A.B. Yehoshua’s latest novel is a story in two halves. It begins in Spain, in Santiago de Compostela, where Yair Moses, an Israeli film director, has come to attend a retrospective season of his films. Like Yehoshua himself, Moses is in his 70s. He has come with Ruth, his leading lady. It feels like a great director’s last hurrah, looking back over his work — and his life.
Moses reflects on his relationships with three people: Ruth, who was always more than just his leading actress; Toledano, his late cinematographer; and, above all, Shaul Trigano, his one-time student and then screenwriter and collaborator until the two men fell out bitterly .
The second half of the novel takes Moses back to Israel. He has a favour to ask of Trigano. The screenwriter, still angry after all these years, has his price. Moses must commit an act of atonement, an act which takes us back to an image which haunts the novel from the very beginning.
The Retrospective is a novel about the past, represented in one man’s history and Jewish history (as one might guess form the director’s surname). From the start, the location, Santiago de Compostela, might ring a few bells. It was one of the most famous medieval pilgrimage sites, a resonant name in the history of Christianity. The novel will turn out to be, in part, about the relations between Christianity and the Jews — and about forgiveness, atonement and reconciliation.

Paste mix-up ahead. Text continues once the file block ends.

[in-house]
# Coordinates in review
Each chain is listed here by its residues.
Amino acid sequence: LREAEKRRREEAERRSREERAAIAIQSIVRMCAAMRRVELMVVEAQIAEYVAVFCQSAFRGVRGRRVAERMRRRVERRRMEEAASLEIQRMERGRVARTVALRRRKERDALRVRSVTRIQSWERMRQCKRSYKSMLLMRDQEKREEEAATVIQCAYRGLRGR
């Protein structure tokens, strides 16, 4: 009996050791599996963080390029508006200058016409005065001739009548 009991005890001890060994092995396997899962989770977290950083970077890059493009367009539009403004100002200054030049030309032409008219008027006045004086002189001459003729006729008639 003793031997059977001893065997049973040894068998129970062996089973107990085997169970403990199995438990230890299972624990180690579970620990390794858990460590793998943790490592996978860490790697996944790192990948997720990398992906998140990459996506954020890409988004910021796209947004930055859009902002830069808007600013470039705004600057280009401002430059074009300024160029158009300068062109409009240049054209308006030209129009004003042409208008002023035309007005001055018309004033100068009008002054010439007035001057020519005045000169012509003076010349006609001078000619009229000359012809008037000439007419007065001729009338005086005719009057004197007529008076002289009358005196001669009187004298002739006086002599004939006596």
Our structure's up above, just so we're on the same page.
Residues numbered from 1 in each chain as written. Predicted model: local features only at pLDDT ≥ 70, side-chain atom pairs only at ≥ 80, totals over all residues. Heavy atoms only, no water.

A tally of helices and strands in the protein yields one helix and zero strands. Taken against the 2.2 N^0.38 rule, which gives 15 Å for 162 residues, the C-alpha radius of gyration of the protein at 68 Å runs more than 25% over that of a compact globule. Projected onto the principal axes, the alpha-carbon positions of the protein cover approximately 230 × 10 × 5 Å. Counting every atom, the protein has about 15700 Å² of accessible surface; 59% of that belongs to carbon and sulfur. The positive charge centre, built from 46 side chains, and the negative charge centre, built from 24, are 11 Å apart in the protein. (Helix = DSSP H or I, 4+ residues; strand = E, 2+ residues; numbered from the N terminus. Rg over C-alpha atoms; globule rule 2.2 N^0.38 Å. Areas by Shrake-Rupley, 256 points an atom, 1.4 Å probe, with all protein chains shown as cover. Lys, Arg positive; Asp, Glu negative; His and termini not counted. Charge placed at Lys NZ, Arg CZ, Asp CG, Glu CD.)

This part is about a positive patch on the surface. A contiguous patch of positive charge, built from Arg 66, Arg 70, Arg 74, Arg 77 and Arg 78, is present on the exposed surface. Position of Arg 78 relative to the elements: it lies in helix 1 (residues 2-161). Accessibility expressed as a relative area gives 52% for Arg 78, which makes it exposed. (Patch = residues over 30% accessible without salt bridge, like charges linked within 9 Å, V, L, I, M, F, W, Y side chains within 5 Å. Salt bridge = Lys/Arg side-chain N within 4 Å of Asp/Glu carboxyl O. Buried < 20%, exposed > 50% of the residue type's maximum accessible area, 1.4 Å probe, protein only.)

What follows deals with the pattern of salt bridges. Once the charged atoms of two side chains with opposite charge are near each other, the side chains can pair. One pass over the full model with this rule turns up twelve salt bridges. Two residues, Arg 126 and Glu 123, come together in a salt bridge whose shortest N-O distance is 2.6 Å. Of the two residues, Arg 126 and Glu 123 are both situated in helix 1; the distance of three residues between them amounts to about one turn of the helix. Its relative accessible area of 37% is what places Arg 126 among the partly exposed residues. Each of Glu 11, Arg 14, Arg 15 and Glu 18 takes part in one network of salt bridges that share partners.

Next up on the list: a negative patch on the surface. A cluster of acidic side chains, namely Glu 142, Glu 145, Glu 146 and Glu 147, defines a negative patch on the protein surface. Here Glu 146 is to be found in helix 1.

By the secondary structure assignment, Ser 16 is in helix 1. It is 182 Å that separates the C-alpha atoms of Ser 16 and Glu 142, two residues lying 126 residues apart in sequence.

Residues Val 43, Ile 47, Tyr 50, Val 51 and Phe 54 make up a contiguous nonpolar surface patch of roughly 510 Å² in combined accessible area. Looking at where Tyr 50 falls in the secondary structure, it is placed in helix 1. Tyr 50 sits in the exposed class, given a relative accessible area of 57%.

As if this isn’t enough, there are fascinating references to the expulsion of the Jews from Spain in 1492, to Franco’s Spain, present-day Israel and even a Jewish story by Kafka, a lifelong passion of Yehoshua’s. But, above all, the book examines our relationship with the past.
Quietly, reflectively, Yehoshua circles round these questions. At one point, someone tells Moses that his mother believes in the film-maker’s future. “’My future?’ blushes Moses. ‘At my age?’” Moses hardly dare believe that he has a future; looking back, he sees “a career in slow decline”. He looks at his early films in disbelief. They seem remote, far away.
As for the present, says Moses, “‘the pot is still empty… and the fire’s still out.’” And yet, perhaps there is still time to find meaning at the end of his life, an act that might restore the relationships that really matter to him and bring a kind of fulfilment when he is still so troubled and melancholy.
The Retrospective has already won two literary prizes in France. It is a truly international book, a serious set of reflections about coming to terms with the past — with a surprising ending.